The lord chancellor also acknowledged he would like to resolve the ongoing issues on implementation of the Independent Review of Criminal Legal Aid and would be meeting with Lubna to discuss it this week.

We had a positive meeting with the lord chancellor and hope to resolve the impasse around getting the funding the criminal legal aid system needs, without further intervention from the court following our judicial review application.

Conservative MP James Daly highlighted our projection that the number of duty solicitors is going to drop by over 600 by 2027 and asked why this was the case.

The lord chancellor said he was working to address the things under his control.

He pointed to increasing funding for criminal legal aid and highlighted his respect for criminal legal aid solicitors and barristers.

You can raise the duty solicitor projections with your MP using our quick tool.

MPs also raised the ongoing review of civil legal aid and asked whether it would be considering fee uplifts.

The lord chancellor noted that the review would look at the structure of fee schemes, rather than the levels themselves.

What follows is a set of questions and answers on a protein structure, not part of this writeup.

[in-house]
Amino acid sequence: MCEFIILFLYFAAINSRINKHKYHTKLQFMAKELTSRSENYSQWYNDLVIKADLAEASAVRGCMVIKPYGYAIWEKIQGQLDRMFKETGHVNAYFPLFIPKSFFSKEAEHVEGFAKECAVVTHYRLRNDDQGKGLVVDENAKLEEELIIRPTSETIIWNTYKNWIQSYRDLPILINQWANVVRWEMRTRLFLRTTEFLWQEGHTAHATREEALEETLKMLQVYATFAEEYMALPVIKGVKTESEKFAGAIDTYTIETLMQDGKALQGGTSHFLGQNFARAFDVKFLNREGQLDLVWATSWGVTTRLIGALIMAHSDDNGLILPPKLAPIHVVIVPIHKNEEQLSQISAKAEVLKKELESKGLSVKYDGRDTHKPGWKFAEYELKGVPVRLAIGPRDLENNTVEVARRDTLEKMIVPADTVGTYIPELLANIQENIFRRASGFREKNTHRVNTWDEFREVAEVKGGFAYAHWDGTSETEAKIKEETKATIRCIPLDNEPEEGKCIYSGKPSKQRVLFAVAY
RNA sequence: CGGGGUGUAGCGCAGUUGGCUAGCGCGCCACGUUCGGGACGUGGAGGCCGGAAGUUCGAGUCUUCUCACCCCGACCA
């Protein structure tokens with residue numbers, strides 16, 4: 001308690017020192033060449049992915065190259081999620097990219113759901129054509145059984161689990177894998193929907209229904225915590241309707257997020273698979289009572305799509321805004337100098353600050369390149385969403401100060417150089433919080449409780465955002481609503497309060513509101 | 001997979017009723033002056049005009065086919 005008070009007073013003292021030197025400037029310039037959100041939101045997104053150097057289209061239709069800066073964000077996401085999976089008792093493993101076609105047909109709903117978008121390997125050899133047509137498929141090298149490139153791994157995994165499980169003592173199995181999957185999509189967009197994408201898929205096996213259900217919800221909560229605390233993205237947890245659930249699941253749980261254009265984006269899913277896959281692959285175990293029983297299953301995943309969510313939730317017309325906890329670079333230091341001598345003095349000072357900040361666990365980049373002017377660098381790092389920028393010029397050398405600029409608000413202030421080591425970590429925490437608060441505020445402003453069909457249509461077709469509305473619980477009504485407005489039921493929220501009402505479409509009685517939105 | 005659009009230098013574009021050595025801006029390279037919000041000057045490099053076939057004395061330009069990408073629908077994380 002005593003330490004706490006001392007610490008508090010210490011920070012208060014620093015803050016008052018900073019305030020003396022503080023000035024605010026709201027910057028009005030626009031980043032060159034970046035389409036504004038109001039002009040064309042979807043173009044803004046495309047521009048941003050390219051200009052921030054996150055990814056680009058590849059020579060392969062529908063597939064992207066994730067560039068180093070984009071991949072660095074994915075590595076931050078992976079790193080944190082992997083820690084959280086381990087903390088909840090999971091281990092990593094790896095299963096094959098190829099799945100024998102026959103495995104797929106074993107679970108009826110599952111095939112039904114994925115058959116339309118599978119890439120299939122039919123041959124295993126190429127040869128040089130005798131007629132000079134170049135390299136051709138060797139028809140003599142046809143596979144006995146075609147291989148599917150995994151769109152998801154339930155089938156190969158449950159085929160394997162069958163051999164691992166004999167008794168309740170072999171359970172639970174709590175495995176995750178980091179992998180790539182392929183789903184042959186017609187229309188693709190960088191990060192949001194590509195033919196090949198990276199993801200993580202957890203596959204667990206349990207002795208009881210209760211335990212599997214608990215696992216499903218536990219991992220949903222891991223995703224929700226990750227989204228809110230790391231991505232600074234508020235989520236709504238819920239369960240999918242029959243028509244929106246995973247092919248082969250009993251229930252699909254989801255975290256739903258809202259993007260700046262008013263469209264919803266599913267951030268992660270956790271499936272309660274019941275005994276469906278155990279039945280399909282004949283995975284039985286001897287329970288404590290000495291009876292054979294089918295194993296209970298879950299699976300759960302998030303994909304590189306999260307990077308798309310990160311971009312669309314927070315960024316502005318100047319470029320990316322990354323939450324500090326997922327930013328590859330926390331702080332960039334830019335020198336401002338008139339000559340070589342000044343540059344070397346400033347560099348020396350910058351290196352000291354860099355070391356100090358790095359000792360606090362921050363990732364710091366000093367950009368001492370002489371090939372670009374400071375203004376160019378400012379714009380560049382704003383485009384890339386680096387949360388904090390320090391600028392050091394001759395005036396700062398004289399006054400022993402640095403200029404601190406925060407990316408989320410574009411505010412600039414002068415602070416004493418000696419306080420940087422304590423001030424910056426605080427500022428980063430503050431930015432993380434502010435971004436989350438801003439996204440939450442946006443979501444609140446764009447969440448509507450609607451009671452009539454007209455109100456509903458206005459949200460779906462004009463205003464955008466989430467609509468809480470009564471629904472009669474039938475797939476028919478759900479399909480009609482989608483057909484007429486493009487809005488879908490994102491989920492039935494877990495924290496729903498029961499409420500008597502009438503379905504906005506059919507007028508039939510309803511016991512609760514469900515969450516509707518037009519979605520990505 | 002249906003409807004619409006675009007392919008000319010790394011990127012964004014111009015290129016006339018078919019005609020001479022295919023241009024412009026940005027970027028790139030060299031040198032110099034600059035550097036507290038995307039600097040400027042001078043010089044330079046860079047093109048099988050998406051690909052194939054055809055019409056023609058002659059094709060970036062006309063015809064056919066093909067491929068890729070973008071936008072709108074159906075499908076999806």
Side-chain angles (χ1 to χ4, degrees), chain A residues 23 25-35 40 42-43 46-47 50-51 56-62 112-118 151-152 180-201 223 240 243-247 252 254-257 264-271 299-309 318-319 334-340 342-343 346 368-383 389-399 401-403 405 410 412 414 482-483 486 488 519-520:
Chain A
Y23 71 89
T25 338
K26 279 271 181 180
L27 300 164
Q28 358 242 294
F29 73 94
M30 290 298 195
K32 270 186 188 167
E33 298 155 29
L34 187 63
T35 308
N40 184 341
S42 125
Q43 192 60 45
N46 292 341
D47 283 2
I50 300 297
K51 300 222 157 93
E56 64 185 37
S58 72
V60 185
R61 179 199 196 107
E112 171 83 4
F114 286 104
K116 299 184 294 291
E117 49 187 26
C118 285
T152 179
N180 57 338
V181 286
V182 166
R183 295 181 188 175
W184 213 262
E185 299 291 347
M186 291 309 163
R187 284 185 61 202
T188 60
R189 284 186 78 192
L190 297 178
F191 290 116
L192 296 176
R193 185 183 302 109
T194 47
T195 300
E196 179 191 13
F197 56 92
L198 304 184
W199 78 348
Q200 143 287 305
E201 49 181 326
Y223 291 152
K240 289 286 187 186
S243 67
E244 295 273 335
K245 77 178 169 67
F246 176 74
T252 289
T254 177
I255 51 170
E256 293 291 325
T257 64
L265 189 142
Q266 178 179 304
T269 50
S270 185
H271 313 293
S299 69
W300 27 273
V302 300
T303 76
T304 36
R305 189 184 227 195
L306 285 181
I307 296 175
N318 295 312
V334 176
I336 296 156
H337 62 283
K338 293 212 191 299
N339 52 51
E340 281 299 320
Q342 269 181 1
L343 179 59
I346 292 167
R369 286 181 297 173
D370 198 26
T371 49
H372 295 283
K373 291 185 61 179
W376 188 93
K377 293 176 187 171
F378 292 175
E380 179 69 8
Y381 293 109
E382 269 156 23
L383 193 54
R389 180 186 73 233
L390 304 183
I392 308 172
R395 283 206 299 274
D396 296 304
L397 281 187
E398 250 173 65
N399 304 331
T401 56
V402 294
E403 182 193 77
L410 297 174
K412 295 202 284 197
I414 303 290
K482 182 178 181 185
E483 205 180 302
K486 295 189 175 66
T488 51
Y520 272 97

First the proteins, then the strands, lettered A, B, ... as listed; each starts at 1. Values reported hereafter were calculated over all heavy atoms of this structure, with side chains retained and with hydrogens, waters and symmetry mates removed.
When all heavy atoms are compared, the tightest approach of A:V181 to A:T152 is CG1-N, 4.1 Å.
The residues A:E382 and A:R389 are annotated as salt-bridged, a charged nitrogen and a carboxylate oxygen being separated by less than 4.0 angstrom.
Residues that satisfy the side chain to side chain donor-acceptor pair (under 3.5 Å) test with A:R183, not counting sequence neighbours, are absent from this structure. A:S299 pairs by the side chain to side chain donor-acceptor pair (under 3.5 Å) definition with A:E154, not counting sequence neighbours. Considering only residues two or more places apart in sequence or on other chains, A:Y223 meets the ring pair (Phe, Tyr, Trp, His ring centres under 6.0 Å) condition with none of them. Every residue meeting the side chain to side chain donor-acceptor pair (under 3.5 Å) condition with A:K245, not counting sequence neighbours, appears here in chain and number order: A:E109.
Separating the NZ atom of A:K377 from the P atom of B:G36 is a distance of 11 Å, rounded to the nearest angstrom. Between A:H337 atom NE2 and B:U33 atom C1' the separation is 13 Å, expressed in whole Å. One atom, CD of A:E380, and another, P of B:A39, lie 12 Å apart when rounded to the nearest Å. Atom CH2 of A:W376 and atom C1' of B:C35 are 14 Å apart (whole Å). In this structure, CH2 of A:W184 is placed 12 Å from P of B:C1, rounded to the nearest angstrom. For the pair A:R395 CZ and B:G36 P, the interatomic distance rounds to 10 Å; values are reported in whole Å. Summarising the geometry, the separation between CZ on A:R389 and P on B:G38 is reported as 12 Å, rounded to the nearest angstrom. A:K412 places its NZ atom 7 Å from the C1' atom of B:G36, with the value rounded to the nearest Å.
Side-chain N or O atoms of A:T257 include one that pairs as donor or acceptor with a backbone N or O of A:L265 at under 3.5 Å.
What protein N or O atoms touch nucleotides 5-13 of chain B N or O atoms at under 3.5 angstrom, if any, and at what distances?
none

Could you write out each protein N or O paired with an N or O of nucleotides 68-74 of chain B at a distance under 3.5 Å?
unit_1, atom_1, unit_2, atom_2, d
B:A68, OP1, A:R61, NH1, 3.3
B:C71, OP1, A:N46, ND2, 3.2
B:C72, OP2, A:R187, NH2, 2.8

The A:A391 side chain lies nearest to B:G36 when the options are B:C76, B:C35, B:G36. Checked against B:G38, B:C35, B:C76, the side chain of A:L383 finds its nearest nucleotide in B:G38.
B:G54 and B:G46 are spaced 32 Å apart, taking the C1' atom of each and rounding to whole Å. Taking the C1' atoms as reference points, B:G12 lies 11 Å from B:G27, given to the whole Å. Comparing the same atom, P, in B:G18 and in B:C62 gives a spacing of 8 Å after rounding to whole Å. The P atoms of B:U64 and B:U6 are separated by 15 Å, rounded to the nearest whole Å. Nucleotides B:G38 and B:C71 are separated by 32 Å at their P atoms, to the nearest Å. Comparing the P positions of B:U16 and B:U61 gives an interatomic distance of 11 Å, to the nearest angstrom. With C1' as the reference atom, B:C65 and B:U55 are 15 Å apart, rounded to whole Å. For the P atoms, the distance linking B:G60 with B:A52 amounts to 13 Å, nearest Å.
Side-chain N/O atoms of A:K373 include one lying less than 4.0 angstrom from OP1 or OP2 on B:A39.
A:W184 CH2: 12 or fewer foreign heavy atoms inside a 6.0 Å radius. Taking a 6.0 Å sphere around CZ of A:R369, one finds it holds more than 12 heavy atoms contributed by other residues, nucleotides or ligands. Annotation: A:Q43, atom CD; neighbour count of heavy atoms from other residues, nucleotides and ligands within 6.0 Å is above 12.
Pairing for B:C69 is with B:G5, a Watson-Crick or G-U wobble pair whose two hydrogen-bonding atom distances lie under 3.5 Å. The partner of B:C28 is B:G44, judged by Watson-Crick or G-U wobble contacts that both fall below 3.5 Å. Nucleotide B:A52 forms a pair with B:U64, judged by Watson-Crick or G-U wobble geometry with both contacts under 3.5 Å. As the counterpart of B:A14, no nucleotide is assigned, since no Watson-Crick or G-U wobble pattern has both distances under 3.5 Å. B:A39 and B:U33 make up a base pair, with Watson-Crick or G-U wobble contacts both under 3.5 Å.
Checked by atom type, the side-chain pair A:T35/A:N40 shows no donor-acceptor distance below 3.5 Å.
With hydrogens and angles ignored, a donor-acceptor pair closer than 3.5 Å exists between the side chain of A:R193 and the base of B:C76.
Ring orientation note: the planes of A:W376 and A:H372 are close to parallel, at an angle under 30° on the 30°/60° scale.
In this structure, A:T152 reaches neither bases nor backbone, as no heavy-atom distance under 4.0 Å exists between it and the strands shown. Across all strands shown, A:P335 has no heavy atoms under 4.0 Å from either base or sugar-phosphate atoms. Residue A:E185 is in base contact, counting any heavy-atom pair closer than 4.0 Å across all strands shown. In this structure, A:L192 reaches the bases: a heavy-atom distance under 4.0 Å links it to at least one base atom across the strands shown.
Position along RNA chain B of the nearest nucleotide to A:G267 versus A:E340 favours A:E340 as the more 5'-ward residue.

His ambition for the review was for civil legal aid work to be remunerative and the review would build evidence for the next government spending review.

3. Russia Sanctions Regulation: new restrictions on legal services debated

On Wednesday 19 July, the recently implemented regulations preventing English- and Welsh-qualified lawyers from giving advice on commercial activities involving Russian clients had debates in both Houses of Parliament.

The regulations, while admirable in their objective, have led to widespread concern from the Law Society and our members.

We have been working closely with the MoJ to share our concerns, calling for:

  • a general licence
  • further guidance
  • the amendment of the regulations

We are making steady progress and the debates this week reflect the government’s willingness to engage with us on this issue.

In the Commons, the minister for the FCDO Anne Marie Trevelyan (Conservative) was pressed by Sir Bob Neill (Conservative), Sir Chris Bryant (Labour) and Drew Hendry (SNP) to heed our advice and listen to the recommendations of the legal sector.